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Firethorn Bonsai: Blazing Red Berries


This exquisite beauty must be one of the best overall berry bearing bonsai I’ve ever seen, with just the right combination of berries leaves and space. You might say it’s understated as compared with some others we’ve seen. It’s a Nepal Firethorn (Pyracantha crenulata), in training since 1966, donated to the U.S. National Bonsai & Penjing Museum by Yee-Sun Wu. It’s hard to tell for sure, but I think that’s a stone on the left. 

I grew up in California’s Great Central Valley where hot weather and Firethorns (Pyracantha) are abundant, with equally abundant berries ranging from various reds, through oranges and yellows. In the ground you’ll often see them as hedges as their sharp thorns make them quite impenetrable.

Firethorns take to bonsai culture, but insects, blight and other diseases also take to them, so they need to be raised with plenty of attention to detail. We won’t go into symptoms or treatments here, but there’s plenty of good information online and in books about general treatment for pests and diseases including What’s Wrong with My Plant?

Other than that Firethorns are hardy to zone 6 with good protection and care that is basic to most bonsai. Be sure to give them plenty of sun if you want abundant berries. The same goes for water - they’ll drink a bit more when growing berries (don’t keep the soil soggy though, that’s an invitation to all kinds of problems).

We recommend our regular professional soil mix for almost everything, including Pyracantha and the same goes for our Green Balance slow release pellet fertilizer, which is great for promoting berries.

Just the right amount of berries for this miniature Firethorn (Pyracantha) beauty. It and the pot were done by Mame master Haruyosi (mame is the Japanese name for tiny bonsai. It literally translates as ‘bean’).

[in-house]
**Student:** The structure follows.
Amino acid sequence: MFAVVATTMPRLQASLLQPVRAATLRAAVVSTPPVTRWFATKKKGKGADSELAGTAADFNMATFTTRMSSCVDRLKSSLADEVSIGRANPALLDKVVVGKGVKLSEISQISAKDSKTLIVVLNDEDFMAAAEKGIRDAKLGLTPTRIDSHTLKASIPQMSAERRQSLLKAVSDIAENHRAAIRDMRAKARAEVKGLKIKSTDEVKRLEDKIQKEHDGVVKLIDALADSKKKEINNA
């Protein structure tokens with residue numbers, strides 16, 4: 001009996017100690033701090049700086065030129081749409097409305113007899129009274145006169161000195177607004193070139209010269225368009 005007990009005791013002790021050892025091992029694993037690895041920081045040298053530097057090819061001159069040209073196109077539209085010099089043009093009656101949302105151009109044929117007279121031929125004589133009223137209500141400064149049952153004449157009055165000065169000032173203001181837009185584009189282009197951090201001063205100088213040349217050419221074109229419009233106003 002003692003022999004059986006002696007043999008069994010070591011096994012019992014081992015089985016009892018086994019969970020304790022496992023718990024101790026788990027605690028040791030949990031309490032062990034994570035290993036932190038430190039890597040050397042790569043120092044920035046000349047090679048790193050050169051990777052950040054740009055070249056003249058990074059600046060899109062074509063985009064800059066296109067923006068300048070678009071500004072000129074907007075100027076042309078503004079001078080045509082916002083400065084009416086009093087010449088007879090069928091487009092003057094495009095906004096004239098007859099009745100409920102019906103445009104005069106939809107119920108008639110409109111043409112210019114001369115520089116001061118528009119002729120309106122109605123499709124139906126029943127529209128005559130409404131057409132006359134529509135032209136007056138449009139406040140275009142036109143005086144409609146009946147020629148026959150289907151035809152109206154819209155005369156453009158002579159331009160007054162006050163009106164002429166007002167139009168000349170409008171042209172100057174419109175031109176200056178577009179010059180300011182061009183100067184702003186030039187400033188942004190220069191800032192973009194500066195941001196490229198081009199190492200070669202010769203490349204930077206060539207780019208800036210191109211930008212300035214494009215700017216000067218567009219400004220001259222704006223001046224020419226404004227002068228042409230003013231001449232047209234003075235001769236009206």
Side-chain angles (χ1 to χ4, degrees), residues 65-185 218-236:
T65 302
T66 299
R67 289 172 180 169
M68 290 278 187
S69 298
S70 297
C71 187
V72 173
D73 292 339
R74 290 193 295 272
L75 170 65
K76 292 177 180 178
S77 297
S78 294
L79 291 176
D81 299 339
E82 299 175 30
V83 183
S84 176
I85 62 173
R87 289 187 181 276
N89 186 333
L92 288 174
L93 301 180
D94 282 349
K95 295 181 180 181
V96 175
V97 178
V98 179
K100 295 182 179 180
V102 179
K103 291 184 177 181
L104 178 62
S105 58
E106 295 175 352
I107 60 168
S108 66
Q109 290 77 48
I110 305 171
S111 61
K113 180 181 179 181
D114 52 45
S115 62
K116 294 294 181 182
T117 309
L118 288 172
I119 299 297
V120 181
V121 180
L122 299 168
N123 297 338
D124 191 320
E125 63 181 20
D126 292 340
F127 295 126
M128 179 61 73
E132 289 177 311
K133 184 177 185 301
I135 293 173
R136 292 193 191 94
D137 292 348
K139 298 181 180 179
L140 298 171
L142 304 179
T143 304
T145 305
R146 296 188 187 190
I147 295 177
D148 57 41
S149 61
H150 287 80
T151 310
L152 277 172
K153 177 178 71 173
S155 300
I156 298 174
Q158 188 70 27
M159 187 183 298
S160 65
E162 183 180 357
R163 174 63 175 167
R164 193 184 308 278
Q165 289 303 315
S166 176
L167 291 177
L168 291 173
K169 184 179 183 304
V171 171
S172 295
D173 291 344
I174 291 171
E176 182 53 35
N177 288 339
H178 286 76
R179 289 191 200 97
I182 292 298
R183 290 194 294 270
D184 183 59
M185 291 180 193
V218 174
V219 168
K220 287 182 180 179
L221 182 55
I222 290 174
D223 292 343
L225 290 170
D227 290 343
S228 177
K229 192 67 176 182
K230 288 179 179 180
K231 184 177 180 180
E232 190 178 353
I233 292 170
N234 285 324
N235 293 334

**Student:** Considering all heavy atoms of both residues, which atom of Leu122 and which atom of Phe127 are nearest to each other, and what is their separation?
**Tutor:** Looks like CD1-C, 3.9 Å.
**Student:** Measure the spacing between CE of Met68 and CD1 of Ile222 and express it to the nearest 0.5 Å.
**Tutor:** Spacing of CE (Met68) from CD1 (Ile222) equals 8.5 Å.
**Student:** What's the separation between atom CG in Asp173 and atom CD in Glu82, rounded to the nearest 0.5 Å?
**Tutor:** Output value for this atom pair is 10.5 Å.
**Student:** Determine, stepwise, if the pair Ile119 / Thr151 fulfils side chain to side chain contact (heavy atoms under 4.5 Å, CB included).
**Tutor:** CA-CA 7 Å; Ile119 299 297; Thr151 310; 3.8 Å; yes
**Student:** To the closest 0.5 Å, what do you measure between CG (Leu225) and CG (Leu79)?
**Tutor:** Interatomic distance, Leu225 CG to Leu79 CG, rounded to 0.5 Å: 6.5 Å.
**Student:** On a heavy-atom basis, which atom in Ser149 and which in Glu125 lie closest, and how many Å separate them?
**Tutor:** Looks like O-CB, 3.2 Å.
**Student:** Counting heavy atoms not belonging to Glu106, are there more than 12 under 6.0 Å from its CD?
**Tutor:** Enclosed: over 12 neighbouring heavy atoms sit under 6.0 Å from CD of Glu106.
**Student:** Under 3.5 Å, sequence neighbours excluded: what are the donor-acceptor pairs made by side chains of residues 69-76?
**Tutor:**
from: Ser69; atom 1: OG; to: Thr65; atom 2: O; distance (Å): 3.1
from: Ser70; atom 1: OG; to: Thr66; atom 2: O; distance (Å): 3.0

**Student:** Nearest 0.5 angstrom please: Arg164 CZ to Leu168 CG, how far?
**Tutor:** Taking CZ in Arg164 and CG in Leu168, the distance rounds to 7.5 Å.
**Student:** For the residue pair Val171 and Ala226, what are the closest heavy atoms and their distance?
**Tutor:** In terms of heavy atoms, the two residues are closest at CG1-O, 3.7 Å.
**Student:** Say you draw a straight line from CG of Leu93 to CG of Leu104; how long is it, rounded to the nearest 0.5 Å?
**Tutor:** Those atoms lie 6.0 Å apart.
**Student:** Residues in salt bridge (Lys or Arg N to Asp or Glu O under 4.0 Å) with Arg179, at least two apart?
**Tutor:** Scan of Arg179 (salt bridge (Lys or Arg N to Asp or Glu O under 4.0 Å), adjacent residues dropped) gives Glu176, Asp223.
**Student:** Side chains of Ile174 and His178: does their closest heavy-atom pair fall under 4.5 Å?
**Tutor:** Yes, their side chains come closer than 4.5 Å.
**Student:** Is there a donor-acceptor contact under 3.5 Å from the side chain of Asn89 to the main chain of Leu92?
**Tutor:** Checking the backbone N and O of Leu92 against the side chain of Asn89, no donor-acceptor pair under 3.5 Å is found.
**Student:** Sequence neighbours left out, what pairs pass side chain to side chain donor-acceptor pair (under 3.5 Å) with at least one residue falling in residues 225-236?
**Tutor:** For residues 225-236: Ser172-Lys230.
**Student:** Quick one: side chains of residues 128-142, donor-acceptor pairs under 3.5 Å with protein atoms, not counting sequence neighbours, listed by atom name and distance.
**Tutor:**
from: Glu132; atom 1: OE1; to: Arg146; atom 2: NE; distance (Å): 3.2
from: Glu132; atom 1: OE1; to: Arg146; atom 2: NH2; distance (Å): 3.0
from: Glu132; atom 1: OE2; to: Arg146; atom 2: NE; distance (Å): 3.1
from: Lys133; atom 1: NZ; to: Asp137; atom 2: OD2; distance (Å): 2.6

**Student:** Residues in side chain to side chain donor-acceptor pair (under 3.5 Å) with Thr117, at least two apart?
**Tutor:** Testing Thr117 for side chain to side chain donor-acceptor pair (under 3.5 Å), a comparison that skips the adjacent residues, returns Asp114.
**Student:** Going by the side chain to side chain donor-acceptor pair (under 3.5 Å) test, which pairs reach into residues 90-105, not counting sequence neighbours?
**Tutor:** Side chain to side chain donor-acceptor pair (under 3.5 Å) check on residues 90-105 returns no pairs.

Red berries, red pot. Or maybe more accurately, orange and red berries, red pot (colors vary from screen to screen, so it's hard to tell for sure). The tree is a Firethorn (Pyracantha) that belongs to Bill Valavanis. Bill sent it to us with the line I LIKE RED POTS TOO!, in response to a post we did a couple years ago that was titled, Red Bonsai Pots, a Shift in Taste.

Shohin Pyracantha with yellow berries. A couple things jump out. First are the luminous berries (without these, I'm not sure we'd bother). The other thing that jumps out is the funkiness of the roots-turned-lower-trunk. Exposing roots so they become part of the trunk is common practice. In some cases it works, in other cases less so. You can be the judge. The tree belongs to Edson Cordeiro who lives in Brazil. It's from a series titled "Pyracantha em 3 anos de formação" on facebook.

Tiny Pyracantha with smoke by Yoshiyuki Kawada.

Pyracanthas can be prolific bearers of berries and this one is no exception. It's from a post we did in 2012. I don't know who the artist or owner is, but my guess is the tree is in Japan.

I chose this one as much for the pot as the berries. It’s from Bonsai in Japan.

Flowers come first, so maybe we should have started with this sweet little Bonsai Mike Pyracantha that we originally featured way back in 2010. 

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